Cover and tape any electrical wires, outlets, or boxes near the area.

photo3Enclose exhaust system in watertight, plastic film, draping the plastic to channel water into a wastewater capture/container system.

Disassemble exhaust fan housing on the roof. Be careful of electrical wiring. (Warning: Do not begin spraying roof drains unless the path of the drain—storm drain, drive-thru, etc.—is fully understood and appropriate to the cleaning method.)

Apply chemical to hood, duct, and exhaust fan. Degrease exhaust fan blades and exhaust fan housing to bare metal. Degrease ductwork from top to bottom using extension wands and duct cleaning nozzles. For inaccessible ductwork, access doors should be installed, cleaned, and resealed at regular intervals. (The ability to supply and install new doors should be part of the contractor’s repertoire and billing.)

Degrease entire hood area, hood, plenum, and filter tracks to bare metal.

Degrease filters to bare metal. Dry and hand polish hood area with stainless steel polish.

Replace filters and exhaust fan housing. Clean every speck of grease off floor, counters, and equipment. Return kitchen back to normal.

Check the fan for proper operation. Supply certificate displaying “service completed by” and the date of service and next scheduled service.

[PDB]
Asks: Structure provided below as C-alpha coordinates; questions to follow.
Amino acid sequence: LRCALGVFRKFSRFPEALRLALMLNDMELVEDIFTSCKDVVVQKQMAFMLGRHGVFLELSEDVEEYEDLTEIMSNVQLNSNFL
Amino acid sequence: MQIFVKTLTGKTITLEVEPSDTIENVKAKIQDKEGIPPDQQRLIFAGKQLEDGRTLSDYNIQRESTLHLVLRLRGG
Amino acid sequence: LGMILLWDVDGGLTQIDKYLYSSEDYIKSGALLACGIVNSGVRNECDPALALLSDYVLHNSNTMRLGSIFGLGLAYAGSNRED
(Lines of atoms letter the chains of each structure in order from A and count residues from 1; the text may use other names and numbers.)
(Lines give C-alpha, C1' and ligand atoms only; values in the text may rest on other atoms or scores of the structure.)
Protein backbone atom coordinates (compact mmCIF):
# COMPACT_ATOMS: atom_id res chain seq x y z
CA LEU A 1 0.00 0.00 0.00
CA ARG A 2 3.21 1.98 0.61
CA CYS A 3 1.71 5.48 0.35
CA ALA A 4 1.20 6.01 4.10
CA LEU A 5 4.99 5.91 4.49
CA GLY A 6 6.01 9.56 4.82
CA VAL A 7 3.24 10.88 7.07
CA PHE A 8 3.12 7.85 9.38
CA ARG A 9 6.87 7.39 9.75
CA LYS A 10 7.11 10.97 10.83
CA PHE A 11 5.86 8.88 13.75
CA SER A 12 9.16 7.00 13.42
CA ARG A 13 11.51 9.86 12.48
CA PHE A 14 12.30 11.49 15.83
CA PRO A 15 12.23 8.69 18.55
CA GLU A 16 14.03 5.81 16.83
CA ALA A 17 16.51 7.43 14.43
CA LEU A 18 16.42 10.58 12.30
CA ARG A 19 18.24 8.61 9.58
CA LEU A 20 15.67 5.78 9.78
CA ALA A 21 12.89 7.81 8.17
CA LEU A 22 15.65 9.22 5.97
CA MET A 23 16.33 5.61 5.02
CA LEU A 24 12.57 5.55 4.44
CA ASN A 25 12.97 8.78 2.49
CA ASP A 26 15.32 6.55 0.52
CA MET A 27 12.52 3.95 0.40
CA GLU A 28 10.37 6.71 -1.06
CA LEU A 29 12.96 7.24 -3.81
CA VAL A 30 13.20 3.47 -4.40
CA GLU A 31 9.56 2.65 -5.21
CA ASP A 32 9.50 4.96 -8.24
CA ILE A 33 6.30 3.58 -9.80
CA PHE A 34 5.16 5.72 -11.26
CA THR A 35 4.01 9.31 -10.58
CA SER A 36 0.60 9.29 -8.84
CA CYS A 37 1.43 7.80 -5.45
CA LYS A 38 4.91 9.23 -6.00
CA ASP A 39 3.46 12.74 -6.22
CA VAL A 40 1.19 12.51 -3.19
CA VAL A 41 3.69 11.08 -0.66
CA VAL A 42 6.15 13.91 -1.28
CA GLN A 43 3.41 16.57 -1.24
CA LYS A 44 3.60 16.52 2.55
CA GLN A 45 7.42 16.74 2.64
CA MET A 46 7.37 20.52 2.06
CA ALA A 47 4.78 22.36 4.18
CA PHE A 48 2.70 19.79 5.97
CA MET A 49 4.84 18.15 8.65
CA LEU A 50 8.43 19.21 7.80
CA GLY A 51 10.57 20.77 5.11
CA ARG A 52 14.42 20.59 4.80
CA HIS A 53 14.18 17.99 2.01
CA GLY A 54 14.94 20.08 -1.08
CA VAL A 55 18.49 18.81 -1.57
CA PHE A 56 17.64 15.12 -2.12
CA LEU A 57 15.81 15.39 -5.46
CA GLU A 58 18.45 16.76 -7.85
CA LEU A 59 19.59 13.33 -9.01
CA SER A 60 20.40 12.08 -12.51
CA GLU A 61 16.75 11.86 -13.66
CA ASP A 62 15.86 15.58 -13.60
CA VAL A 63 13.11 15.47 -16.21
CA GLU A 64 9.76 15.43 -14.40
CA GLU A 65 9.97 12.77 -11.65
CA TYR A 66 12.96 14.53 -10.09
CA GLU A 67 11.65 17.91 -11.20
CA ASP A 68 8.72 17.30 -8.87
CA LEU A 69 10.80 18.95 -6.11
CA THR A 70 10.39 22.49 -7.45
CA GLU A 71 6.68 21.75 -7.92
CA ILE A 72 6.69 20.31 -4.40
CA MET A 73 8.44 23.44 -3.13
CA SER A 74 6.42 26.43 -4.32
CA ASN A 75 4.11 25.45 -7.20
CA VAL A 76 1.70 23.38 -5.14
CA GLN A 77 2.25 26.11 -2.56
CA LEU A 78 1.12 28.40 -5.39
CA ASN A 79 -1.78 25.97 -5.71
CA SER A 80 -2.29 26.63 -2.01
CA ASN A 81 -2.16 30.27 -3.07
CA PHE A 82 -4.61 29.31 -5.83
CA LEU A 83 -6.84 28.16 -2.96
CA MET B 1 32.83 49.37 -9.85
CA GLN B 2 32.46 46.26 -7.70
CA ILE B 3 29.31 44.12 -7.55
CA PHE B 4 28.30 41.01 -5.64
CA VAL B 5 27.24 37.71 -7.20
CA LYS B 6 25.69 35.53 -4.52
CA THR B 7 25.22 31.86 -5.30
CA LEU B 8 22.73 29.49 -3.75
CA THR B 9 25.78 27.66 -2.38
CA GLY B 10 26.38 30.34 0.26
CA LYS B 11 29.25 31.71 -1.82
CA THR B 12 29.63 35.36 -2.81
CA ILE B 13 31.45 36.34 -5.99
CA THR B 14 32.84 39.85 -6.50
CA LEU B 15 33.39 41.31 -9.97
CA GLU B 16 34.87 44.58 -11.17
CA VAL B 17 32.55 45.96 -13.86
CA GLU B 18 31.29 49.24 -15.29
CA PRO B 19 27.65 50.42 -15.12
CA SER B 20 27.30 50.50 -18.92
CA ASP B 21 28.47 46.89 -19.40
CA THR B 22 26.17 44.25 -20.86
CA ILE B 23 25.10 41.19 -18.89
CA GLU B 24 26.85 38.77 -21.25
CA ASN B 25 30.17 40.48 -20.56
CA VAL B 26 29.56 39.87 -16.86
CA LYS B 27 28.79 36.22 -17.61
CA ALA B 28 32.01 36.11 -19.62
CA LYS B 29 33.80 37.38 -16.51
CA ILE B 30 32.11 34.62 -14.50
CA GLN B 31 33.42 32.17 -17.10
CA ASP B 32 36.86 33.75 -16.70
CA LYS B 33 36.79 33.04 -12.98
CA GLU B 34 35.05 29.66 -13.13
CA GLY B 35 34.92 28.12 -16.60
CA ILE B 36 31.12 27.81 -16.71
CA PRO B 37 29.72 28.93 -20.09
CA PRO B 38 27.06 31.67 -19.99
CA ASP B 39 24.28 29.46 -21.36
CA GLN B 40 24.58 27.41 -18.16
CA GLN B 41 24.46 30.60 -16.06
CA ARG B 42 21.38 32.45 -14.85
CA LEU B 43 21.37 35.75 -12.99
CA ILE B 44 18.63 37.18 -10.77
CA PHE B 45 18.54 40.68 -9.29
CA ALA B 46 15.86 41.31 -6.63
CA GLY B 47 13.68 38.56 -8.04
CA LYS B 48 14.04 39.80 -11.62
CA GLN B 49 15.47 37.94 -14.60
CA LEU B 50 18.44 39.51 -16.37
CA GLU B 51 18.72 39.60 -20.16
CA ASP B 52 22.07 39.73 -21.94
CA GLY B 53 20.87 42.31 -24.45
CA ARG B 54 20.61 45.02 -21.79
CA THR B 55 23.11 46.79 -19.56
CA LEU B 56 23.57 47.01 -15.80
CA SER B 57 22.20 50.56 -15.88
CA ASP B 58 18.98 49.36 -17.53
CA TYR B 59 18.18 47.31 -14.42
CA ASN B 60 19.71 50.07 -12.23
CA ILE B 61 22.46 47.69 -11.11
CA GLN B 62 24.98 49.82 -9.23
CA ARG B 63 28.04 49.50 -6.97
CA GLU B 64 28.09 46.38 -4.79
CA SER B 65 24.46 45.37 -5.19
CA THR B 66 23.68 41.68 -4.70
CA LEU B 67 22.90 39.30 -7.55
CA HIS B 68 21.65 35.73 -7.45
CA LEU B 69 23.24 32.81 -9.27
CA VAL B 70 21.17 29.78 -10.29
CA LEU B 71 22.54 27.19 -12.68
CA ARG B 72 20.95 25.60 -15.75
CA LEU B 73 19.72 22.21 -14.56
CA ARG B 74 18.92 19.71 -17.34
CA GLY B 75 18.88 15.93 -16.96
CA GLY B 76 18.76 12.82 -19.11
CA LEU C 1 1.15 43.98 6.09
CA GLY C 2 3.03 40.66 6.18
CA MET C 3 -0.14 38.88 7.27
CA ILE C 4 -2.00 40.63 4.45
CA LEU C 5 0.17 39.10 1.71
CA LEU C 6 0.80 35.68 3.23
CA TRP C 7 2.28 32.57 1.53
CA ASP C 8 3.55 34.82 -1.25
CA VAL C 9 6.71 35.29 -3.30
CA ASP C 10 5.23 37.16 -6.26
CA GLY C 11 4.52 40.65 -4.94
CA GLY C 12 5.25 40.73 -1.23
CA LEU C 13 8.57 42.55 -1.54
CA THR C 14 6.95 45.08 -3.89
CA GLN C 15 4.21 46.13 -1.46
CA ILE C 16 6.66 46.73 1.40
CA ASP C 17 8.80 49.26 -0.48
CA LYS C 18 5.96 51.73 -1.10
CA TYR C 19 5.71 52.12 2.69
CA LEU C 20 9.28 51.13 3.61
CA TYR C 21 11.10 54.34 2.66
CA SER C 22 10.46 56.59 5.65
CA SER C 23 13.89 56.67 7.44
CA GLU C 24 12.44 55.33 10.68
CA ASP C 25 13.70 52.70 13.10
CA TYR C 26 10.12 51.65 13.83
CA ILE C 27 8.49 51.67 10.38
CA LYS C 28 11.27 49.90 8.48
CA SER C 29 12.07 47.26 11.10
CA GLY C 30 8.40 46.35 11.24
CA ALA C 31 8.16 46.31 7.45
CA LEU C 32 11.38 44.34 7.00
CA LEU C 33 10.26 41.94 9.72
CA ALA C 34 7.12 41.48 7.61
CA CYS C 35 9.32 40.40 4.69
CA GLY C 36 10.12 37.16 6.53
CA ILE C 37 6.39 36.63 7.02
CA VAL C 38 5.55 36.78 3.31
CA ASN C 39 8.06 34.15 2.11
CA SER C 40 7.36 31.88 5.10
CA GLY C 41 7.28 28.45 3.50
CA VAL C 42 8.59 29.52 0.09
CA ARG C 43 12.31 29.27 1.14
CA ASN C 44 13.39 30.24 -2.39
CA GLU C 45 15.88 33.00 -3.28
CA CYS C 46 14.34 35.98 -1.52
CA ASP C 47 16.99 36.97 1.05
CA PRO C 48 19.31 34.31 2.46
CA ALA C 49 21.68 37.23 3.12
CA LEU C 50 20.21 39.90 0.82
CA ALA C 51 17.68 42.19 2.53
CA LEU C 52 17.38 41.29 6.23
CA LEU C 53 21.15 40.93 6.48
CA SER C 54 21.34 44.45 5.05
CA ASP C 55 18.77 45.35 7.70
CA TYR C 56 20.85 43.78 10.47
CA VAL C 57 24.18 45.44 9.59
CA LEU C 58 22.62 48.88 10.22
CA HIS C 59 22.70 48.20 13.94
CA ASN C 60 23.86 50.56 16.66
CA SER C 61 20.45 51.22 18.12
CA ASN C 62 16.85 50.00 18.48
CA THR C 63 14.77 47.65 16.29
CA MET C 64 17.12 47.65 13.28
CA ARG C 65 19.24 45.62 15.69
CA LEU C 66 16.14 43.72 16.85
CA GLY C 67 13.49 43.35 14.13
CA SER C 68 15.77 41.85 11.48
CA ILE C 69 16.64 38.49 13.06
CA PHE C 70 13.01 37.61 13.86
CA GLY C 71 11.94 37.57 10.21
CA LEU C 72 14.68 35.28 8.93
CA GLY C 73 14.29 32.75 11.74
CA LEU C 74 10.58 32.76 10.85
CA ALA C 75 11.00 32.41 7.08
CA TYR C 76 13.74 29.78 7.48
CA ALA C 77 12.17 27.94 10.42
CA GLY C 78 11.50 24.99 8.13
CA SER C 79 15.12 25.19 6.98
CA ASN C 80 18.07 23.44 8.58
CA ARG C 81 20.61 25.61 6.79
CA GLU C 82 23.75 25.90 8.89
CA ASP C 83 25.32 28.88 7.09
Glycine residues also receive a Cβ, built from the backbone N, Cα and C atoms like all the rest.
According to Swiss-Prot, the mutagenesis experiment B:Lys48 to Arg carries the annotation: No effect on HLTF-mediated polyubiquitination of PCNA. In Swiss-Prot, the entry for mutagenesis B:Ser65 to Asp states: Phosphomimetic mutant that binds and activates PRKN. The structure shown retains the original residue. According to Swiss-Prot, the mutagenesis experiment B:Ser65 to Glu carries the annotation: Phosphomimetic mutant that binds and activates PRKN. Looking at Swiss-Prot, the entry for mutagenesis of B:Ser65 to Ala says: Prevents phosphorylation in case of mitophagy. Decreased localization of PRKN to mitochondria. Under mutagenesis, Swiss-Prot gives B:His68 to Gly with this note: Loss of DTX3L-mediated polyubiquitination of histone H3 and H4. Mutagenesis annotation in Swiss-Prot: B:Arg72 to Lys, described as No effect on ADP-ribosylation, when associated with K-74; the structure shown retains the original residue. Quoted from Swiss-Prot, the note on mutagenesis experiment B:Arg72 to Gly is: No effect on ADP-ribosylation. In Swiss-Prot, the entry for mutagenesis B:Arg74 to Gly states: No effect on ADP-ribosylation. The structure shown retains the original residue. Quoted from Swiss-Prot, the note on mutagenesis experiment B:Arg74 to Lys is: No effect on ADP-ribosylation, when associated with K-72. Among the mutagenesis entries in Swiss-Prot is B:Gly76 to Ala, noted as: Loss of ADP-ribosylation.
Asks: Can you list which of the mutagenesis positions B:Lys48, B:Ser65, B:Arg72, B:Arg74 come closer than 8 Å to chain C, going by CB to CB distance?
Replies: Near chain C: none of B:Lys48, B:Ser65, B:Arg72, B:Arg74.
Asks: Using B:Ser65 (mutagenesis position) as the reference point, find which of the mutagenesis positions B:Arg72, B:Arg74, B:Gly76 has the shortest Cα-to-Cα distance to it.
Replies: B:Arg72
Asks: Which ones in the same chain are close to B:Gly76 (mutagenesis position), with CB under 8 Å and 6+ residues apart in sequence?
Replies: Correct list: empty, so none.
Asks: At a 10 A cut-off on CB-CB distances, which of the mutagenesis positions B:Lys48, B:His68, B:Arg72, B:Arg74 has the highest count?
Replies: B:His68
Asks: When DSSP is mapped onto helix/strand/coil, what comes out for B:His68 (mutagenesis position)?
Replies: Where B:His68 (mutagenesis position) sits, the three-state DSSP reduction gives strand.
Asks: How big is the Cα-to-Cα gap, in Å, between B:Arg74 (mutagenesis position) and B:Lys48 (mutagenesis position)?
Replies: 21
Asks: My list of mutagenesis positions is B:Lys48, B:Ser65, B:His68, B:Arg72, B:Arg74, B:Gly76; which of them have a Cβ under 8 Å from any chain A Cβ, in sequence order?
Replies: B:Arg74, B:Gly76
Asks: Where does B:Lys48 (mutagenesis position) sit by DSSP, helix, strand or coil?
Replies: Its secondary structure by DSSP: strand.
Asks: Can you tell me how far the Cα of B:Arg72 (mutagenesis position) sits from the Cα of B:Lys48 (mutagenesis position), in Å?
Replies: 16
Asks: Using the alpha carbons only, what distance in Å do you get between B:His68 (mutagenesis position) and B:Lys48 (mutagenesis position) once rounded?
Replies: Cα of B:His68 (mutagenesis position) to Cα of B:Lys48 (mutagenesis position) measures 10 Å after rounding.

Call the restaurant the next day to make sure everything is satisfactory. If there are problems, return as quickly as possible to fix them.


Multiple-story buildings with long runs of ductwork are the most challenging. They were not built to make cleaning easier, yet the contract cleaner must take responsibility for everything that could happen.

Take all steps before beginning a job to prevent problems. Understand complex hood design, for instance.

Equipment and Supplies

photo4The basic equipment list includes: pressure washer—1500 to 3000 psi, capable of hot water temperatures 160 to 200 F (or higher); high pressure/steam hose (500-ft provides good reach); construction-grade water hose (200 ft); reels for hoses; water tank; nozzles—variety of spinner, rotating and strengths, and curved tip may be useful for ductwork; wands—variety (1 ft. and 3 ft. with two longer wands, such as 8 ft. and 12 ft., for long ducts) for cleaning ducts and fans; hand tools—variety, such as scrapers and extensions; wastewater capture system; wet/dry vacuum; step ladder; fiberglass extension ladder.